Another great resource is EWG’s Skin Deep database. The searchable database gives you a rating on the overall safety of products as well as all of the individual ingredients. A neat feature is that it goes a step further and provides publicly published research on why an ingredient is safe or not.
Once you have identified the products that are harmful or questionable, it is time to start switching out products. You can do this one by one, or, if your budget allows it, all at once. Great brands to consider include Beautycounter, Primally Pure, Innersense, and Earth Mama Organics.
Progress, Not Perfection
Limiting your exposure to toxins during pregnancy goes beyond clean beauty. Other things you can do include saying goodbye to plastic food containers, non-stick cookware, receipts, toxic laundry detergents, toxic cleaning products, and wearing shoes in the house. Even if you cannot change out all of your beauty products at once, even small changes can have a lasting impact. Small changes add up quickly, and once you make one change, others become easier to add on.
These tips are not just for pregnancy. Research has shown that these ingredients also affect the health of adults and teens, not just your unborn babies. With a baby, additional things to think about include their car seat, mattress, diapers, wipes, baby wash and lotions, play surfaces, and toys. Aim for products with fewer and safer ingredients, and consider wood or other natural products for anything that may enter the baby’s mouth (namely, toys).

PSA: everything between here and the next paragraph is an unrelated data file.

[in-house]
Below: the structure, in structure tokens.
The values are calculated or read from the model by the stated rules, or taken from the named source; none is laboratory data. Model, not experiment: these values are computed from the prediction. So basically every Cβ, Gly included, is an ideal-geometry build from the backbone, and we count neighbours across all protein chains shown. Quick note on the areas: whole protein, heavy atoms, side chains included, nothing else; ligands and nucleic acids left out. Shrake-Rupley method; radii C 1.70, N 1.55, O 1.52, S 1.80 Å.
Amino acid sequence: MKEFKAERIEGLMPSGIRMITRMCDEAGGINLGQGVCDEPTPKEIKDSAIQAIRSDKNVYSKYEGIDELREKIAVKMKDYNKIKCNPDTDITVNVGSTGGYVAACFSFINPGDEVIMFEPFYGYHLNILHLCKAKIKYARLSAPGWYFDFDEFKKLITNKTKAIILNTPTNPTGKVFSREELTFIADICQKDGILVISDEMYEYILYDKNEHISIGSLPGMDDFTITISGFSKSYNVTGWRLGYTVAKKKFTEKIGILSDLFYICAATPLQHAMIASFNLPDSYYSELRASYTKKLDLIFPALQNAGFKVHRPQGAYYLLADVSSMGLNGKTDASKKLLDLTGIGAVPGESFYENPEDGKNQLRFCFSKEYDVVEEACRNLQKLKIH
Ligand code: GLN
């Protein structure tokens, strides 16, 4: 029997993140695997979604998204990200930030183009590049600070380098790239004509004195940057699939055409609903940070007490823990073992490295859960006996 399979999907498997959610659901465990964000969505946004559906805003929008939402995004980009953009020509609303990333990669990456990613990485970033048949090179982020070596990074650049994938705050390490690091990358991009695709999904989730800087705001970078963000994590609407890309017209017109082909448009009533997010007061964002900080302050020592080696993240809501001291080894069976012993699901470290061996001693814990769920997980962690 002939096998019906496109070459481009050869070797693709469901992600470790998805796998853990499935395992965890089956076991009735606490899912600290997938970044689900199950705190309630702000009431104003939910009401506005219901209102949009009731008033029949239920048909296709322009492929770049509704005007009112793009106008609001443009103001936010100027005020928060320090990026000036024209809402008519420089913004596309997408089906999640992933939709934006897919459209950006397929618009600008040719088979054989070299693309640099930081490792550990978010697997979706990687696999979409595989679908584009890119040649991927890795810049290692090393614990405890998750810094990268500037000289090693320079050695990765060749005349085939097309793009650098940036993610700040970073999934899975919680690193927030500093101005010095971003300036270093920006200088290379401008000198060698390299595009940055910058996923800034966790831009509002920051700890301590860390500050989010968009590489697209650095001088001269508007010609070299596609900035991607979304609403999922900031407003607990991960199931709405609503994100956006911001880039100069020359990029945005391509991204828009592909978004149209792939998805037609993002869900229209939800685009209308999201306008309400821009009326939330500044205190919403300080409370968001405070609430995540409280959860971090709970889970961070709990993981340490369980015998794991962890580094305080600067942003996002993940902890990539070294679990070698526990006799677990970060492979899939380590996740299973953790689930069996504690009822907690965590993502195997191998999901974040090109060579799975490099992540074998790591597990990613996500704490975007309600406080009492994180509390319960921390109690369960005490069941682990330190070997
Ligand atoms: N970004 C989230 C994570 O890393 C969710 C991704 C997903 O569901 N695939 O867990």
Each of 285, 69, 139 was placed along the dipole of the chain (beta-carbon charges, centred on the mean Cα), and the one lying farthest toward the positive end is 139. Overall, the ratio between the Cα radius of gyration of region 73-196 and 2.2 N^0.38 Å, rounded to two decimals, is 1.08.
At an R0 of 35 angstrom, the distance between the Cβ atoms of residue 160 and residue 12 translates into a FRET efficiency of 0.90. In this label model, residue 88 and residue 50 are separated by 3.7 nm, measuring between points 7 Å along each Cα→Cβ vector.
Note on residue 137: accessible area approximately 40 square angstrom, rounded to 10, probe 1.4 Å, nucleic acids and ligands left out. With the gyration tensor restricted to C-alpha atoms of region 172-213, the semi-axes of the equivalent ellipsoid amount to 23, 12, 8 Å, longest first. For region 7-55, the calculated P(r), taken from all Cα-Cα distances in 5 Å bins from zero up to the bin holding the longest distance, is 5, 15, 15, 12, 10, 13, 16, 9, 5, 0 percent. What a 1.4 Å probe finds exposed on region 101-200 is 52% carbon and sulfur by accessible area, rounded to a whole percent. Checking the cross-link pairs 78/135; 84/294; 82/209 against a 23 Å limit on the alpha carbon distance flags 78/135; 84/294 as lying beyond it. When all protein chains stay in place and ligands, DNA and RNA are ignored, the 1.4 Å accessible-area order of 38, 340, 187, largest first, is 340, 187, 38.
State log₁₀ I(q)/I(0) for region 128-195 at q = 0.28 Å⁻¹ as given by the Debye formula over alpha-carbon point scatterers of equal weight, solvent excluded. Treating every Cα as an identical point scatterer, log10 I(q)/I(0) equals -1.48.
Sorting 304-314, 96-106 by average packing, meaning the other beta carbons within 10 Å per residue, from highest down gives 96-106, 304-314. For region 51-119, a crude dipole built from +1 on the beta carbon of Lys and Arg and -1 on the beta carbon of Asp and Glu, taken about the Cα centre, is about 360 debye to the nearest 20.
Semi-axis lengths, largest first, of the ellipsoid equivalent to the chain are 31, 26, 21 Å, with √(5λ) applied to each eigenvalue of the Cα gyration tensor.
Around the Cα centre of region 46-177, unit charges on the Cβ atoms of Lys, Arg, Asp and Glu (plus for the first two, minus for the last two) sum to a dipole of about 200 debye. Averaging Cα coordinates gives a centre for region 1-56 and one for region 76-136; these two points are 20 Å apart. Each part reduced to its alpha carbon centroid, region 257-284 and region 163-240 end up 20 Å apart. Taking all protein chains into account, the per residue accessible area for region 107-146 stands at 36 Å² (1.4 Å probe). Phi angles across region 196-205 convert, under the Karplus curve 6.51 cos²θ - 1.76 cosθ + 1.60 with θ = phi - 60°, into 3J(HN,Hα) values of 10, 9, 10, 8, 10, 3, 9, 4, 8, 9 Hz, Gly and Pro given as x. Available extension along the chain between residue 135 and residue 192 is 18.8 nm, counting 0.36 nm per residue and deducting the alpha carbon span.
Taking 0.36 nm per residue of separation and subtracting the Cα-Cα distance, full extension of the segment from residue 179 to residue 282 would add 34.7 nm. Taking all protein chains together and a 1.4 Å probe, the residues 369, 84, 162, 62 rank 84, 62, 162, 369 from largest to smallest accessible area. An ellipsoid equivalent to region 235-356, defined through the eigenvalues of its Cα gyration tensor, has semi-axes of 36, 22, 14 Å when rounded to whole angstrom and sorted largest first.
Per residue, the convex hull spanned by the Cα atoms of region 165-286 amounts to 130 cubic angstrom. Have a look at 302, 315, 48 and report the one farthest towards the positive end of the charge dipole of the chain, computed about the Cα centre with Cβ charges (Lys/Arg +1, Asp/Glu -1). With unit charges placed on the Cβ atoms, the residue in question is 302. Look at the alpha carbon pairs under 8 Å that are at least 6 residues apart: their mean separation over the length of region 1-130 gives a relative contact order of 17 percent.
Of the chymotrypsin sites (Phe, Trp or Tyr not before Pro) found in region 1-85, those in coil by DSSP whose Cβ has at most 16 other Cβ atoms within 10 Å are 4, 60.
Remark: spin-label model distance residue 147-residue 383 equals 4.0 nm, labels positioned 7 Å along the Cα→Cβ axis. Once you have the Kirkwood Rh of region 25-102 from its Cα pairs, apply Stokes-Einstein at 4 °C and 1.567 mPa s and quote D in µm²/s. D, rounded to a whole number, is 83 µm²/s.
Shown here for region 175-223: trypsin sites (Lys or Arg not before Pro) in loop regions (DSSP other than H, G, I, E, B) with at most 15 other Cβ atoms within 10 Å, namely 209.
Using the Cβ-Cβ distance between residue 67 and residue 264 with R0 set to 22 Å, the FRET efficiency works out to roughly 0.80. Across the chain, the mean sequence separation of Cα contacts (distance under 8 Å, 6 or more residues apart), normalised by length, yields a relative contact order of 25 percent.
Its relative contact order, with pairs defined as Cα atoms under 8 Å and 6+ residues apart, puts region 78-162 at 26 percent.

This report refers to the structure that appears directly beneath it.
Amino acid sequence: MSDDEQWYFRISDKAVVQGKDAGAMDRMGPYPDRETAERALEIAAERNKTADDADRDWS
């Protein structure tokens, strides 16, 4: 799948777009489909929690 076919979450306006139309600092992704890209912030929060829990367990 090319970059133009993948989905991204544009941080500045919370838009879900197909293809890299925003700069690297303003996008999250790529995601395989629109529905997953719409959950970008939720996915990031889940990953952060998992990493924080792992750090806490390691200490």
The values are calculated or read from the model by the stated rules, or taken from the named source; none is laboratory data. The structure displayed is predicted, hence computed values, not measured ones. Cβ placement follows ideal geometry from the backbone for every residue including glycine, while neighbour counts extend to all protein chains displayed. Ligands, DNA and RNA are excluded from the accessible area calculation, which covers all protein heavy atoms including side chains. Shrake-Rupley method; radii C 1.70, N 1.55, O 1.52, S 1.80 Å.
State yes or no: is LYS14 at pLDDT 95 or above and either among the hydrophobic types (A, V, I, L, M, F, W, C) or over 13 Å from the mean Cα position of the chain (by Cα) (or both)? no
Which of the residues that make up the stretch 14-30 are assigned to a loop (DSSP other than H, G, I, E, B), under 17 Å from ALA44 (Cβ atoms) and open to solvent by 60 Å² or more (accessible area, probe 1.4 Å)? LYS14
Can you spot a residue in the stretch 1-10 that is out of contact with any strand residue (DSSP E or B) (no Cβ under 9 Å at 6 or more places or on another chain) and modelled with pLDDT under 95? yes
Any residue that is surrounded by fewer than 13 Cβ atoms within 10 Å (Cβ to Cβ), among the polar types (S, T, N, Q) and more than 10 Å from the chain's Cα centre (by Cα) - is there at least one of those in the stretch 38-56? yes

Prenatal and Postpartum Yoga Teacher (RPYT), BIRTHFIT Leader
- Woodruff TJ, Zota AR, Schwartz JM. Environmental chemicals in pregnant women in the United States: NHANES 2003–2004. Environ Health Perspect. 2011 https://ehp.niehs.nih.gov/doi/10.1289/ehp.1002727
- Agier, Lydiane et al. Early-life exposome and lung function in children in Europe: an analysis of data from the longitudinal, population-based HELIX cohort. The Lancet Planetary Health, Volume 3, Issue 2, e81 – e92 https://www.thelancet.com/journals/lanplh/article/PIIS2542-5196(19)30010-5/fulltext
- Rapaport, Lisa. Chemicals in cosmetics, soaps tied to early puberty in girls. 3 Dec 2018. https://www.reuters.com/article/us-health-puberty-endocrine-chemicals/chemicals-in-cosmetics-soaps-tied-to-early-puberty-in-girls-idUSKBN1O301I?fbclid=IwAR3gvpta2kvDccasvXeaB0J1pyJma-rPpVEfNBrhVKGiIjNInR8L9ksM3Go
- DIRTY DOZEN ENDOCRINE DISRUPTORS. 28 Oct 2013. https://www.ewg.org/research/dirty-dozen-list-endocrine-disruptors
- Rehman S, Usman Z, Rehman S, et al. Endocrine disrupting chemicals and impact on male reproductive health. Transl Androl Urol. 2018;7(3):490‐503. doi:10.21037/tau.2018.05.17 https://www.ncbi.nlm.nih.gov/pmc/articles/PMC6043754/
- Yang, Sarah. Teen girls see big drop in chemical exposure with switch in cosmetics. 7 Mar 2016. https://news.berkeley.edu/2016/03/07/cosmetics-chemicals/